I love this role. I embrace all that being an Employment Counsellor means and it continues to be a privilege and honour to hold this position. I’m not always successful in connecting and forging a deep connection; no one of us is for that matter. This is one key thing new staff in the field must come to appreciate; you’ll not succeed, not connect, fail to help and you’ll be questioned openly about your suitability in the role from time-to-time; the volume of people we see daily, weekly, monthly and yearly guarantees we won’t always be successful. Investing nonetheless and doing so fully to the extent we are able is still to be strived for.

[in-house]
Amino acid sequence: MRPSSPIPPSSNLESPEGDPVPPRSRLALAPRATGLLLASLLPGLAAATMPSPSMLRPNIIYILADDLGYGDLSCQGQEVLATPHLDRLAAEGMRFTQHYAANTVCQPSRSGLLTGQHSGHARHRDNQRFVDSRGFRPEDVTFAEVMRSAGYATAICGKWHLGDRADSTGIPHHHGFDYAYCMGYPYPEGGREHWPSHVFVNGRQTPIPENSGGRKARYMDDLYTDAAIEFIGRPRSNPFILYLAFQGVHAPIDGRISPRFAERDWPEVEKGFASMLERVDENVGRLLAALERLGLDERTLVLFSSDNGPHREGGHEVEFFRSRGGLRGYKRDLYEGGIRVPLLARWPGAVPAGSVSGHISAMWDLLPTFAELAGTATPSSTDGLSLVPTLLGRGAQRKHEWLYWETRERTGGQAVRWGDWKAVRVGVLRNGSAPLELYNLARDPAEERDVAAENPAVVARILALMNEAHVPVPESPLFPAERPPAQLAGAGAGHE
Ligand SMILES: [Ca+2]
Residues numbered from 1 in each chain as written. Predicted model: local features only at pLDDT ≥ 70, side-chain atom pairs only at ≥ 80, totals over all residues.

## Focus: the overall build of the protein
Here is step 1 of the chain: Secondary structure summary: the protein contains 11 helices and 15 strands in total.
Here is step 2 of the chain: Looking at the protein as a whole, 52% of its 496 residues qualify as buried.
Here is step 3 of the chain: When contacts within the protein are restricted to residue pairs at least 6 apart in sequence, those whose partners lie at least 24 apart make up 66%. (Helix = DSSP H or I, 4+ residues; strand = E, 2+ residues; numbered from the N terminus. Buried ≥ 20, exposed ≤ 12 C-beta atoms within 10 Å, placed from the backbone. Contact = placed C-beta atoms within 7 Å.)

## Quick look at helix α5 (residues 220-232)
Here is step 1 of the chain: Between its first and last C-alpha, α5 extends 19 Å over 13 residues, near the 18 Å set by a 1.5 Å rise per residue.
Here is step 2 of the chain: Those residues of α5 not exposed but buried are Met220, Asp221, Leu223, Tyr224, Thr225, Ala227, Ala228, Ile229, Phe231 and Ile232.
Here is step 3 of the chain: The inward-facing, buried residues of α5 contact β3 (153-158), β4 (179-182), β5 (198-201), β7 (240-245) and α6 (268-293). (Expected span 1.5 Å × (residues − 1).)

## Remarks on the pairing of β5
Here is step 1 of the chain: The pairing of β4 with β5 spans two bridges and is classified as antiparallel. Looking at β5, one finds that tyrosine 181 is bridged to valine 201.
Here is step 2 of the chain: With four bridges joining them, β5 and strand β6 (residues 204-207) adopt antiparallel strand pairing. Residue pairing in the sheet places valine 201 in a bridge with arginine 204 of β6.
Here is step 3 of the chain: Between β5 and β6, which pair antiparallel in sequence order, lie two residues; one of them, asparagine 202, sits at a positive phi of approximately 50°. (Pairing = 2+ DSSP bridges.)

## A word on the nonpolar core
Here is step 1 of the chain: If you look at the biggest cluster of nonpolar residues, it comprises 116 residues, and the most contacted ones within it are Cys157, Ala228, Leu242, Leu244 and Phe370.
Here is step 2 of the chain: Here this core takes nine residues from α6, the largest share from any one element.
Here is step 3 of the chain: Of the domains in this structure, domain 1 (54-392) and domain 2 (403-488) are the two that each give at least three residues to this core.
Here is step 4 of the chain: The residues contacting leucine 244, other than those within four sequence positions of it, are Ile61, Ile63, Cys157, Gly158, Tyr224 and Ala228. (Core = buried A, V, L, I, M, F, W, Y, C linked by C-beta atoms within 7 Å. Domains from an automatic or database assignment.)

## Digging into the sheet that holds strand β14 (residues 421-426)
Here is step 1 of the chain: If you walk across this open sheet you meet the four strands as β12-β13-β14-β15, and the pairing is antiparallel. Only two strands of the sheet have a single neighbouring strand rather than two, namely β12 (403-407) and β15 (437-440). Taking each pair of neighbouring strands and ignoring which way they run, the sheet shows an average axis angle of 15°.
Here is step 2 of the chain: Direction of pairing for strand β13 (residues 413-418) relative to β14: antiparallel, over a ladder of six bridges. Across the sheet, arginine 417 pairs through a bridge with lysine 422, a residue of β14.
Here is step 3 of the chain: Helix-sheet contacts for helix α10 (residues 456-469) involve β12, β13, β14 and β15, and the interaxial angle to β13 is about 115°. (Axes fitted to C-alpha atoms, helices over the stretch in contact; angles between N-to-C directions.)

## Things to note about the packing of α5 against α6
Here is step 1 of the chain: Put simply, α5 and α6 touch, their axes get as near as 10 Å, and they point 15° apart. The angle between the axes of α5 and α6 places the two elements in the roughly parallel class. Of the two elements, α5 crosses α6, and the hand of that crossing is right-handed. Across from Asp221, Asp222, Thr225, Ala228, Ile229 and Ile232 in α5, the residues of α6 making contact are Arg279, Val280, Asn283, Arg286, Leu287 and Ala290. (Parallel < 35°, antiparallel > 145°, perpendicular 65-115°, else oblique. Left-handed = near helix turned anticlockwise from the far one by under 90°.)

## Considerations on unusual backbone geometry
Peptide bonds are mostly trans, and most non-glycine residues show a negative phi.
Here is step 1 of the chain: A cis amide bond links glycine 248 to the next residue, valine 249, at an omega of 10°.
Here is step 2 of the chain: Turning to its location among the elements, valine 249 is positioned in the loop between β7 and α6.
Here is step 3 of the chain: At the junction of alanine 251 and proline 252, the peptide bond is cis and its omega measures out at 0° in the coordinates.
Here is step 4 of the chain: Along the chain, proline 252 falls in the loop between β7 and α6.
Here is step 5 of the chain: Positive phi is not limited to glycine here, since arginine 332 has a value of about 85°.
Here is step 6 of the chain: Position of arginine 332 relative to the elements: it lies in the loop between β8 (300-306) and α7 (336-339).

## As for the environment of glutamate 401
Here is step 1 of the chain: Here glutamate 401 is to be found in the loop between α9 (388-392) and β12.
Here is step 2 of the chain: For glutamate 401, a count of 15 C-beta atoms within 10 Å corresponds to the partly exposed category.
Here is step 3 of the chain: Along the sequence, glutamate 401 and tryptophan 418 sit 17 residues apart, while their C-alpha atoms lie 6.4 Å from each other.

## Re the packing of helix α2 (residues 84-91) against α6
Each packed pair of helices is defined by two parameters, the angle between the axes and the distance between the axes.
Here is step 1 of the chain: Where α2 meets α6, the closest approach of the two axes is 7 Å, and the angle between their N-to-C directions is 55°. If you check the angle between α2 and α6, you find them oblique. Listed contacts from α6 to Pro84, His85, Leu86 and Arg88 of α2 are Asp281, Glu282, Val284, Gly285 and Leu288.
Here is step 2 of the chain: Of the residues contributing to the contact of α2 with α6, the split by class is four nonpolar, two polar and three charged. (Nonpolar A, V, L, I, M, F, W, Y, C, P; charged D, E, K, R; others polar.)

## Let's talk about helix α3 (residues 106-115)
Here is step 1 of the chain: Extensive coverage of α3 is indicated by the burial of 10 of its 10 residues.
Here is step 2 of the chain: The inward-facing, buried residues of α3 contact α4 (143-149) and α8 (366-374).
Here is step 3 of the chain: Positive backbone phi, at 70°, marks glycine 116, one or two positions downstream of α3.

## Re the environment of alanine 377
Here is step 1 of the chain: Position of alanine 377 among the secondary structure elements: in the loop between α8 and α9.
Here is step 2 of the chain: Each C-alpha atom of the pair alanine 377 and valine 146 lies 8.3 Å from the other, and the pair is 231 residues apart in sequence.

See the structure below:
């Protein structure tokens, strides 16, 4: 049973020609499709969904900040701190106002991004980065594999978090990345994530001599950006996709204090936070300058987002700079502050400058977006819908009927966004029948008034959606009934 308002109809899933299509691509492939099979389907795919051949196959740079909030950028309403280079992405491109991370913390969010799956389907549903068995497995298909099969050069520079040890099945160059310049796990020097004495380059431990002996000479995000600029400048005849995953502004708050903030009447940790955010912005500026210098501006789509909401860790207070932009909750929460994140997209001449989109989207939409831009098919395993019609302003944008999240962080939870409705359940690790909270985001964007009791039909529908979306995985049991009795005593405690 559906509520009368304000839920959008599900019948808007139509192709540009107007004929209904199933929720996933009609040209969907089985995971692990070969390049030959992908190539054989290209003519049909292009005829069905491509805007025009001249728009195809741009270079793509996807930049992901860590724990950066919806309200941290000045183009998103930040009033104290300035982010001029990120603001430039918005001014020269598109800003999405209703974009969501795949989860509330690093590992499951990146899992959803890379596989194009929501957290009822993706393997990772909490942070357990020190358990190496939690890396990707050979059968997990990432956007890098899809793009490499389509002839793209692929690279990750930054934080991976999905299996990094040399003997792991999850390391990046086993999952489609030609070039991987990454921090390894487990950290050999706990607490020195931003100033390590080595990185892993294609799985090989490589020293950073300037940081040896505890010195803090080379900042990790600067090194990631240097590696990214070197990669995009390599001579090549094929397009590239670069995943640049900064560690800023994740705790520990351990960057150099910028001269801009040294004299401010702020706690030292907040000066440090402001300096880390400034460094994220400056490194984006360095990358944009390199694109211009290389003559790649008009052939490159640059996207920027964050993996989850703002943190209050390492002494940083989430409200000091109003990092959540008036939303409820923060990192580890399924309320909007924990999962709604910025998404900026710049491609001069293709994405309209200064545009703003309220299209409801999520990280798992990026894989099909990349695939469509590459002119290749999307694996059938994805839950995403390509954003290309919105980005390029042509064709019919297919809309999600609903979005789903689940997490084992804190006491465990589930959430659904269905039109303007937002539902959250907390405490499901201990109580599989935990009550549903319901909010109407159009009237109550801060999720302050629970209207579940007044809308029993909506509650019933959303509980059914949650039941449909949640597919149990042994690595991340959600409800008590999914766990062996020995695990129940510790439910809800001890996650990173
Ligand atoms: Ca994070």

Yesterday a woman dropped by unannounced and I was called to reception. She literally ran to me, wrapped her arms around me and jumped up and down with the excitement of sharing her news of landing a full-time job with her employer of choice. It’s taken her about 5 month’s and two jobs to get to her landing this plum job. In that embrace, I soaked up all the energy, gratitude, joy, exhilaration and emotional relief I could. That hug and her smile was her simple way of expressing her sincere appreciation for my small help along her journey.

I implore you to consider upping your own investment in the people you serve. Whether those are customers, junior staff, volunteers or the vulnerable; invest without reservation. It. Makes. All. The. Difference.